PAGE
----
Despite decades of affirmative action, elite colleges’ track records on diversity have remained abysmal. But now they will no longer be able to hide their glaring failure. The most important legal challenge in a post-affirmative action world has just been launched, and it will shine a spotlight on the racism in elite colleges’ admissions policies, which actively bolster white students — including many who already hold the most advantages and may not otherwise measure up academically.
The contradictions between Harvard’s rhetoric and the reality of the makeup of its student body have already caused great damage and compromised Harvard’s legal position before the Supreme Court. Justice Neil Gorsuch noted that Harvard could have achieved its current level of racial diversity by giving socioeconomically disadvantaged applicants half the boost it offers to so-called ALDC students, comprising athletes (the “A”), the children of alumni (also known as “legacies,” the “L”), the children of donors (“D”), and the children of faculty and staff (the “C”).
Gorsuch noted that ALDC preferences are race-neutral on their face, but “undoubtedly benefit white and wealthy applicants the most.” Indeed, about 68 percent of ALDC applicants to Harvard are white (just 6 percent are Black). And though just 5 percent of applicants are an ALDC, they constitute approximately 30 percent of students admitted to Harvard each year.
“Still,” Gorsuch wrote, “Harvard stands by them.”
In the court of public opinion that matters most to these schools — their current and future donor base — the strategy has worked to this point. While just 33 percent of Americans said they support affirmative action in a recent Pew Research Center poll, 63 percent of Harvard students have a favorable view of race-conscious admissions. Nearly three-quarters of students at Stanford, where 17 percent of students come from the top 1 percent in income, say their institution has a positive impact on society. Elite colleges’ positioning of themselves as do-gooders gives alumni a basis to defend their alma mater and motivates them to keep giving money.
That’s about to get a whole lot harder with a new generation of post-affirmative action legal action that flips the script on elite colleges by targeting the advantages they offer to the wealthy. No longer will elite colleges be able to portray themselves as liberal centurions fending off conservative marauders; now they will be the conservatives fighting liberal reformers.
Front and center in this push is a civil rights complaint initiated by the Boston-based Lawyers for Civil Rights on behalf of Chica Project, African Community Economic Development of New England, and Greater Boston Latino Network — three nonprofits that serve underprivileged students of color. The lawsuit asks the U.S. Department of Education’s Office for Civil Rights to end legacy and donor preference under the Civil Rights Act of 1964.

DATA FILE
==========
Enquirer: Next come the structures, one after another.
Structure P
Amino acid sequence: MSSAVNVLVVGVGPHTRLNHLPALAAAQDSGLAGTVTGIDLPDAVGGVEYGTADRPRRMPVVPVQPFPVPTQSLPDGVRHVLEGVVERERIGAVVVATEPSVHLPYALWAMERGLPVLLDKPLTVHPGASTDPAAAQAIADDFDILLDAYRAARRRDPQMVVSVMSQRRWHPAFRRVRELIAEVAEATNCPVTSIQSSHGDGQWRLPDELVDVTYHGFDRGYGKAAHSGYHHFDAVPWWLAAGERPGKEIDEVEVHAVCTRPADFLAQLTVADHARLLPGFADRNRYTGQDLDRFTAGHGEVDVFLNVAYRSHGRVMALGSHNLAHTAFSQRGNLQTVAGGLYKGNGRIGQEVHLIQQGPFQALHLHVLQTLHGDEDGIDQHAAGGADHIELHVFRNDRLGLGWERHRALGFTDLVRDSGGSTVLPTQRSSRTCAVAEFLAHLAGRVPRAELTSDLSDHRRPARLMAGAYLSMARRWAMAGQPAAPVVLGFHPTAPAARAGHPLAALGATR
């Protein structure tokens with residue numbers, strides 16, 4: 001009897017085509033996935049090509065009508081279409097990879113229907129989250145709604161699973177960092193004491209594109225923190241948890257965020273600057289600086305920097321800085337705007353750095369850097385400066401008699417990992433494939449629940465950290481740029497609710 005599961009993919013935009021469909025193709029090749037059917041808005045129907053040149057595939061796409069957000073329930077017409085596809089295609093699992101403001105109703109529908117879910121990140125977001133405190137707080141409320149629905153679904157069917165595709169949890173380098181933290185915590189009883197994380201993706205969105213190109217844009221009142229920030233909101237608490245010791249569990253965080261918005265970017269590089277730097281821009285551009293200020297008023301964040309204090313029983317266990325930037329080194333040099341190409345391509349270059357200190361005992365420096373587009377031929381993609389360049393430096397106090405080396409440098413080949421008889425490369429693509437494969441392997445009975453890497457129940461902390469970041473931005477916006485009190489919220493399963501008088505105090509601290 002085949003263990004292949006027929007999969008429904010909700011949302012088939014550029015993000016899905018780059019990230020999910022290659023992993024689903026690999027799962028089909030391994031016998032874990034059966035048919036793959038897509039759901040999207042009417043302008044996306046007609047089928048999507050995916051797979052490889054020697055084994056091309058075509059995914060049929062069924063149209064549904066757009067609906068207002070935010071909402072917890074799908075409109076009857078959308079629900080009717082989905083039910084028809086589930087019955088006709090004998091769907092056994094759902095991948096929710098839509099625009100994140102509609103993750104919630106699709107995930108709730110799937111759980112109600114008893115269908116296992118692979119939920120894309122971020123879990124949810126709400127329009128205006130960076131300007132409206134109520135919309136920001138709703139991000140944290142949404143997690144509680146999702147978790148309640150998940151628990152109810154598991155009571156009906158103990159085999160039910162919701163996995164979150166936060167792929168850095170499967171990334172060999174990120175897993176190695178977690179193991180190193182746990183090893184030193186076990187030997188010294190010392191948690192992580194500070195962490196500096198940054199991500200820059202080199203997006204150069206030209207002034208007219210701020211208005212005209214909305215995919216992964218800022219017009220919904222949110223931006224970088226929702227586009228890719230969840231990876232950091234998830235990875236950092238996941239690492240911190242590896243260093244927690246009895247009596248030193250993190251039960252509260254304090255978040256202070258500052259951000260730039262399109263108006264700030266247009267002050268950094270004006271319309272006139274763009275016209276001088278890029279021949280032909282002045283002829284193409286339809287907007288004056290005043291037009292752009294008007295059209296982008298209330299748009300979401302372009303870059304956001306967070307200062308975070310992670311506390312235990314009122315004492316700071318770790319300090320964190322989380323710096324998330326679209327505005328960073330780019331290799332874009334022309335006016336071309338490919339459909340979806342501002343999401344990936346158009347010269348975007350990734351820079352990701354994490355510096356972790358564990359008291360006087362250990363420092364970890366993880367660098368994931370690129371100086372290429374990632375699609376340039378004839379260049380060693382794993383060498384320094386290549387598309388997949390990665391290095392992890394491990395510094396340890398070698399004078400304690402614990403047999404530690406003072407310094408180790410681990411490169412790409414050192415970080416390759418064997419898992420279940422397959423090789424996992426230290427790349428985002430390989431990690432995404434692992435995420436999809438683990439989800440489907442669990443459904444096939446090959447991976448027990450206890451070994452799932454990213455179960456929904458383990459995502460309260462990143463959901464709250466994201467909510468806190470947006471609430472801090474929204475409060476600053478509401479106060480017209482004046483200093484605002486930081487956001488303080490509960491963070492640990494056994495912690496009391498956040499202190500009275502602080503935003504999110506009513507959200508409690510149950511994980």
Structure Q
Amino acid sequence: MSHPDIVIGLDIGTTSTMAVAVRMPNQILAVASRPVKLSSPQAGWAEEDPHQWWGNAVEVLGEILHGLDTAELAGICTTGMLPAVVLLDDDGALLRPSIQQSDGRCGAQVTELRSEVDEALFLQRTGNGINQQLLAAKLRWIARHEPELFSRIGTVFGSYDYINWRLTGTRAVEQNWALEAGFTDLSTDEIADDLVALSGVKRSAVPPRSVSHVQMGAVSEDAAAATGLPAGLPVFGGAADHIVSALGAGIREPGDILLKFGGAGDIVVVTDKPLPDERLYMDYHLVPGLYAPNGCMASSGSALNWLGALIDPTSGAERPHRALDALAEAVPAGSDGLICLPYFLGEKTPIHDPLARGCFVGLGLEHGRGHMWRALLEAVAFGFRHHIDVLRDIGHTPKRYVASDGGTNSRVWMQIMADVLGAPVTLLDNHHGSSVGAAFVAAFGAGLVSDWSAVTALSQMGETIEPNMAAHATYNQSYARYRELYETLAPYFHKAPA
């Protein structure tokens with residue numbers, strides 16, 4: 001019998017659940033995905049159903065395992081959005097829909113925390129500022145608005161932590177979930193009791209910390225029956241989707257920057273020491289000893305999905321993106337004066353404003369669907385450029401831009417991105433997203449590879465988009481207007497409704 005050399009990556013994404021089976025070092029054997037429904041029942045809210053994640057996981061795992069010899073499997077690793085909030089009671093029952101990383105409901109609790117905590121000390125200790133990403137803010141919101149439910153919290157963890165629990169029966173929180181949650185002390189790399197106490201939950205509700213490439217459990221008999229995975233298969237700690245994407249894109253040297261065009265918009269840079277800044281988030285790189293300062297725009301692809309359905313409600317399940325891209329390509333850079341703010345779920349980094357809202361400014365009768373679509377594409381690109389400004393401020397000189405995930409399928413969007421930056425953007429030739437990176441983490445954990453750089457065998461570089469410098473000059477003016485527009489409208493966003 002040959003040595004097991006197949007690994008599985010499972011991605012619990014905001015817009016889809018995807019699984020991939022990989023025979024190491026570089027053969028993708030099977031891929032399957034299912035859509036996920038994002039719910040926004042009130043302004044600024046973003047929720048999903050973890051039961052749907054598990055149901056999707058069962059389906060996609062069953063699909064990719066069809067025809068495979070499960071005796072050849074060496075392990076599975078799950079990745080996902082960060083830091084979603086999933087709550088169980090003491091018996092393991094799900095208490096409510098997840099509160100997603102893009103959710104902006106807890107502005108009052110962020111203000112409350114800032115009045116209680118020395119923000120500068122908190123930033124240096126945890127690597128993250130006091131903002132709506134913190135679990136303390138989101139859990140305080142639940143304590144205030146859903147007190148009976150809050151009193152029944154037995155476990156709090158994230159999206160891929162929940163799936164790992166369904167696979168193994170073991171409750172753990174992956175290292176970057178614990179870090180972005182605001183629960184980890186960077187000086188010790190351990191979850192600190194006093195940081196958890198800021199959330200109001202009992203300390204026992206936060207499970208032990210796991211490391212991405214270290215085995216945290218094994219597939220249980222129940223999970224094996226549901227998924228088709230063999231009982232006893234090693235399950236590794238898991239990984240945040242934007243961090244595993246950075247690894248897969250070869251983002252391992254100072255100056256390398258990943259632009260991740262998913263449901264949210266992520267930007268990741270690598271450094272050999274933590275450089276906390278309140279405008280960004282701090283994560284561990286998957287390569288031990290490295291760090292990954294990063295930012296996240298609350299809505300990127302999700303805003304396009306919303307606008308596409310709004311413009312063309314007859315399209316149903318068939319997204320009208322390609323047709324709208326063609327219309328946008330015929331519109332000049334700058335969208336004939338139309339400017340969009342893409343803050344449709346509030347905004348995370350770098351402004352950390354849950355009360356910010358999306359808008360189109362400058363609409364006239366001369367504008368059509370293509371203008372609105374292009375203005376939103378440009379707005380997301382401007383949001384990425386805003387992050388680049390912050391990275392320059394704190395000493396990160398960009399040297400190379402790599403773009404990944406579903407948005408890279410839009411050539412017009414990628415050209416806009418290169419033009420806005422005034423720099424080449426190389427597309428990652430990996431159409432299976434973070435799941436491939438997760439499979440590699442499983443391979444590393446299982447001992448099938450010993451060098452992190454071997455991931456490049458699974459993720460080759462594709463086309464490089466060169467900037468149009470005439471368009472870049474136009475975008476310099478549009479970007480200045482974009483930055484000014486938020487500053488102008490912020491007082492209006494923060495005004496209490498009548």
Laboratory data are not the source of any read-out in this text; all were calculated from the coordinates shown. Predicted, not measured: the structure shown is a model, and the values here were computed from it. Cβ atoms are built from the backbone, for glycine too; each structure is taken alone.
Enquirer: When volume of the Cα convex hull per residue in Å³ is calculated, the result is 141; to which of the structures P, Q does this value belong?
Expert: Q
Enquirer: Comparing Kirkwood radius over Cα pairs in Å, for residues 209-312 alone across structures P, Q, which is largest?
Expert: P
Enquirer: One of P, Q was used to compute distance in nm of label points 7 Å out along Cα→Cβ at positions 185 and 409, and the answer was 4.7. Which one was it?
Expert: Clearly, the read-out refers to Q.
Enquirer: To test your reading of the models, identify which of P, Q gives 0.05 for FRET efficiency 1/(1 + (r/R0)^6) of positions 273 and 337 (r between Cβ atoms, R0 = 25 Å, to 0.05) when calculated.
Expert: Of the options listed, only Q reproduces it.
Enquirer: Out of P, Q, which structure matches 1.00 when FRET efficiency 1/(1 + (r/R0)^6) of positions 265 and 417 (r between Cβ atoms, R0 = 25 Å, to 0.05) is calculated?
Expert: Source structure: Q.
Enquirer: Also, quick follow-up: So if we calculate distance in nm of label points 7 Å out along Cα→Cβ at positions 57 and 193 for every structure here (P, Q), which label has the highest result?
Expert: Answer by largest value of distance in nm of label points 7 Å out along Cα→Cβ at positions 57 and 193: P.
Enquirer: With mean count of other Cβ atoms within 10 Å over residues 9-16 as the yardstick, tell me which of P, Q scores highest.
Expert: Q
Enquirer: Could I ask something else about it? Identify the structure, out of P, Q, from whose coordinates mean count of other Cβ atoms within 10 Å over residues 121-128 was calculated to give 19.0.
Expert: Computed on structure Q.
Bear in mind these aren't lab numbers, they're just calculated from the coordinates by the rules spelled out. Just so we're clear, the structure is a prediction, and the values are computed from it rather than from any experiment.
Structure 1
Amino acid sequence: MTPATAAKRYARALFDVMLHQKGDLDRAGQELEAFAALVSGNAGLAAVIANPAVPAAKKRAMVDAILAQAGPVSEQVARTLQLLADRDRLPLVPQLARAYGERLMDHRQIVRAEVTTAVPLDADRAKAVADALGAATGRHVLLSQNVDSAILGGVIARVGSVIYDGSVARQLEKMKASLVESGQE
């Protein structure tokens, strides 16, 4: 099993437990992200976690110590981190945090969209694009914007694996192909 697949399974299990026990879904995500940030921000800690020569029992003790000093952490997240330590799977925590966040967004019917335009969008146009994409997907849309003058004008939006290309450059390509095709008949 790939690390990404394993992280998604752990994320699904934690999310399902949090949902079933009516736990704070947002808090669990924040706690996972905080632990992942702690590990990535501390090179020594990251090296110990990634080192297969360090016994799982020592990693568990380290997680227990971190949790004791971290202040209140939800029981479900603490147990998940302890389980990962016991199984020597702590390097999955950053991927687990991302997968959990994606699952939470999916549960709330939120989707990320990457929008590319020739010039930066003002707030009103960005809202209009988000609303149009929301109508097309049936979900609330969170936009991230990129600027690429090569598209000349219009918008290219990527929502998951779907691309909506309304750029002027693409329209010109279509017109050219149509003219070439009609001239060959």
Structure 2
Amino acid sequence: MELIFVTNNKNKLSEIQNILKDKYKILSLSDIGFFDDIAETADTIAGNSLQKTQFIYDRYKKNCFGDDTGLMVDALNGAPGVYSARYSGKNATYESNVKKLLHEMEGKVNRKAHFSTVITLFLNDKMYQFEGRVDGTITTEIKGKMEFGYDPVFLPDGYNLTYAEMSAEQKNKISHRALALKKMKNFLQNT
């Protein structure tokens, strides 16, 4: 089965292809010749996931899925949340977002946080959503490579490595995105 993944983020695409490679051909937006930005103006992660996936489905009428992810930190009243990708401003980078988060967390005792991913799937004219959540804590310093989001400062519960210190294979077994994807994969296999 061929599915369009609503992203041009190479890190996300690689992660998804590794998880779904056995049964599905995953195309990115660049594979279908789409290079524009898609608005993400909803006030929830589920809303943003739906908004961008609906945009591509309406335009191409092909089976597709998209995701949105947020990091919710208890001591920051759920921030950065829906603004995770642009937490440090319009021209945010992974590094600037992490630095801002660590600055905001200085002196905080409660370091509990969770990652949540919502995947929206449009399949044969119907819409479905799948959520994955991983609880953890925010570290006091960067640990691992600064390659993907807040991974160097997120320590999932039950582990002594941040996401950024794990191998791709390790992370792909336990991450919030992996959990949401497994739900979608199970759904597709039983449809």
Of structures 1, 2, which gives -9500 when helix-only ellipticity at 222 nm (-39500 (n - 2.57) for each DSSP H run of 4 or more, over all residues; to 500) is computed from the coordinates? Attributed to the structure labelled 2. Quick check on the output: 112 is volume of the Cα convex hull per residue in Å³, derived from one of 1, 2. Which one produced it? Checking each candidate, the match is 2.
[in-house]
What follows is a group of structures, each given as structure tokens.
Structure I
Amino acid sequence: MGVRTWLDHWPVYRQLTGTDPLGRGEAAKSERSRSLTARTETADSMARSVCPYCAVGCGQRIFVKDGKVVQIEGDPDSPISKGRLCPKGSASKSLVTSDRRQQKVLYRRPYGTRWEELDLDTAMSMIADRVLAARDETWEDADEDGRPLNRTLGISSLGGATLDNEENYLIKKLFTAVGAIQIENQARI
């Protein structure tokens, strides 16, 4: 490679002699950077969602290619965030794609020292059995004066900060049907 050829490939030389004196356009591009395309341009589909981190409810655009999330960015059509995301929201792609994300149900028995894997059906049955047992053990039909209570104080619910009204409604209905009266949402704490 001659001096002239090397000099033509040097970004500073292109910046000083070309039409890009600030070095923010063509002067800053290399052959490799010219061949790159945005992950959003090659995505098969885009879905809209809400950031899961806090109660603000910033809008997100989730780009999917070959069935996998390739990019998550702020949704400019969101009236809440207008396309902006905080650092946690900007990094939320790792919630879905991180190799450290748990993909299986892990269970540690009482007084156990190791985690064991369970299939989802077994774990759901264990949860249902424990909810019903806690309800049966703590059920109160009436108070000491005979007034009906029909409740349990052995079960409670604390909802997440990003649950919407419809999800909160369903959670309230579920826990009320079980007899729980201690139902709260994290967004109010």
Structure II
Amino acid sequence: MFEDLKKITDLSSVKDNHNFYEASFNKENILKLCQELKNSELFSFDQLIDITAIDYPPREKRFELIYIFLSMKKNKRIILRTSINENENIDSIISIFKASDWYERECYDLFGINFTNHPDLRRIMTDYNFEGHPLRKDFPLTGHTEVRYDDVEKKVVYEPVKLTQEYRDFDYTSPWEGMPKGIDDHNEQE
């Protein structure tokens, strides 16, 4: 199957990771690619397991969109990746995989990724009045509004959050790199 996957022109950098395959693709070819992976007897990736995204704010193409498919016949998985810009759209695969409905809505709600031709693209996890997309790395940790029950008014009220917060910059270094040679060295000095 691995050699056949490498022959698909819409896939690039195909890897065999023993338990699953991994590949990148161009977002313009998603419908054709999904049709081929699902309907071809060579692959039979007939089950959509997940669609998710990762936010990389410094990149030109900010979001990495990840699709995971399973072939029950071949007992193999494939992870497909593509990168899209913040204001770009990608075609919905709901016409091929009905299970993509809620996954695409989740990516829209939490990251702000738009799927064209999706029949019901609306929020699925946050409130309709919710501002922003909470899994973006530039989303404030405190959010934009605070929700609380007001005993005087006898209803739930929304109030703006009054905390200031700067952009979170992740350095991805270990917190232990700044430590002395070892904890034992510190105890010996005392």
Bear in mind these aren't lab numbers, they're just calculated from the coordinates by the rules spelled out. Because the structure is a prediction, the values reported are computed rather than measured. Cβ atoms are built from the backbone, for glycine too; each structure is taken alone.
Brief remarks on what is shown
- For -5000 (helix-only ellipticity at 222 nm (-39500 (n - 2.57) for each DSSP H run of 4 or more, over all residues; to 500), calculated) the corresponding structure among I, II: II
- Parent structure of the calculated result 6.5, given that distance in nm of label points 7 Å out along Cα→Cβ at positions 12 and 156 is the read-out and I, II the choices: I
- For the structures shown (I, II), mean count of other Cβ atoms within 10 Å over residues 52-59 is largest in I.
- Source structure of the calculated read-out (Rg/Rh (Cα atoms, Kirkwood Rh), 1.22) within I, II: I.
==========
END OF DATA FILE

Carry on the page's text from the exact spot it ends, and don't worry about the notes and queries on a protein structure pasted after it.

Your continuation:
The claim will put Harvard against the ropes. Under existing law, a complaining party must only show that a “facially neutral practice has a racially disproportionate effect.” It conspicuously does not require any racist intent — only disparate impact. The Supreme Court may ultimately set its sights on such laws, but until then, it seems fair to characterize the evidence as overwhelmingly in favor of the nonprofit groups.
Presuming the complaint succeeds in showing that preferences for the children of alumni and donors have a disproportionate effect on the racial makeup of Harvard admissions, the burden would then shift to Harvard to show that these practices have a “manifest relationship to the education in question.” Meeting the “educational necessity” test will be challenging for Harvard. No educational benefit has ever been asserted for ALDC preferences. (Presumably even Harvard won’t carry the diversity argument to its absurd extreme and argue that the wealthy children of alumni and donors enrich the classroom with their perspective.) The only potential justification is financial. But a study tracking alumni giving at 100 top universities found no connection between the existence of legacy preference and alumni generosity. MIT has never practiced legacy preference and it has an endowment of nearly $25 billion.
On another front, legislation has been introduced in Massachusetts that would impose a significant public service fee on colleges that practice legacy or donor preference and redirect the money to community colleges. (Disclosure: I participated in the conceptualization and drafting of this bill.)
Whether these measures succeed or not, they fundamentally change Harvard and its peers’ public relations position. Gay’s message included another page from the old playbook. “To our current students,” she said, “you make excellence possible and you belong at Harvard.” The comment is unmistakably directed to Harvard’s tiny population of socioeconomically disadvantaged students of color who might perceive themselves to have been the beneficiary of affirmative action.
Now Gay and her peers will have to defend the advantages it offers to its vast population of socioeconomically advantaged white students, who perceive themselves to be entitled to their elite college admission despite a lifetime of privilege.
The way that elite colleges have historically framed affirmative action is racist — that students of color can’t secure admission through an otherwise “objective” process without extra assistance. In truth, the process is anything but objective. Nearly all of the criteria elite colleges rely upon are merely proxies for wealth and all are designed to rationalize letting in the sort of student body that serves their institutional interest of satisfying and growing a wealthy alumni network.
Through a sleight of hand, elite colleges have kept the focus on the small amount of good they do as a deflection from the overwhelming advantages that they offer to affluent whites.
That’s about to end.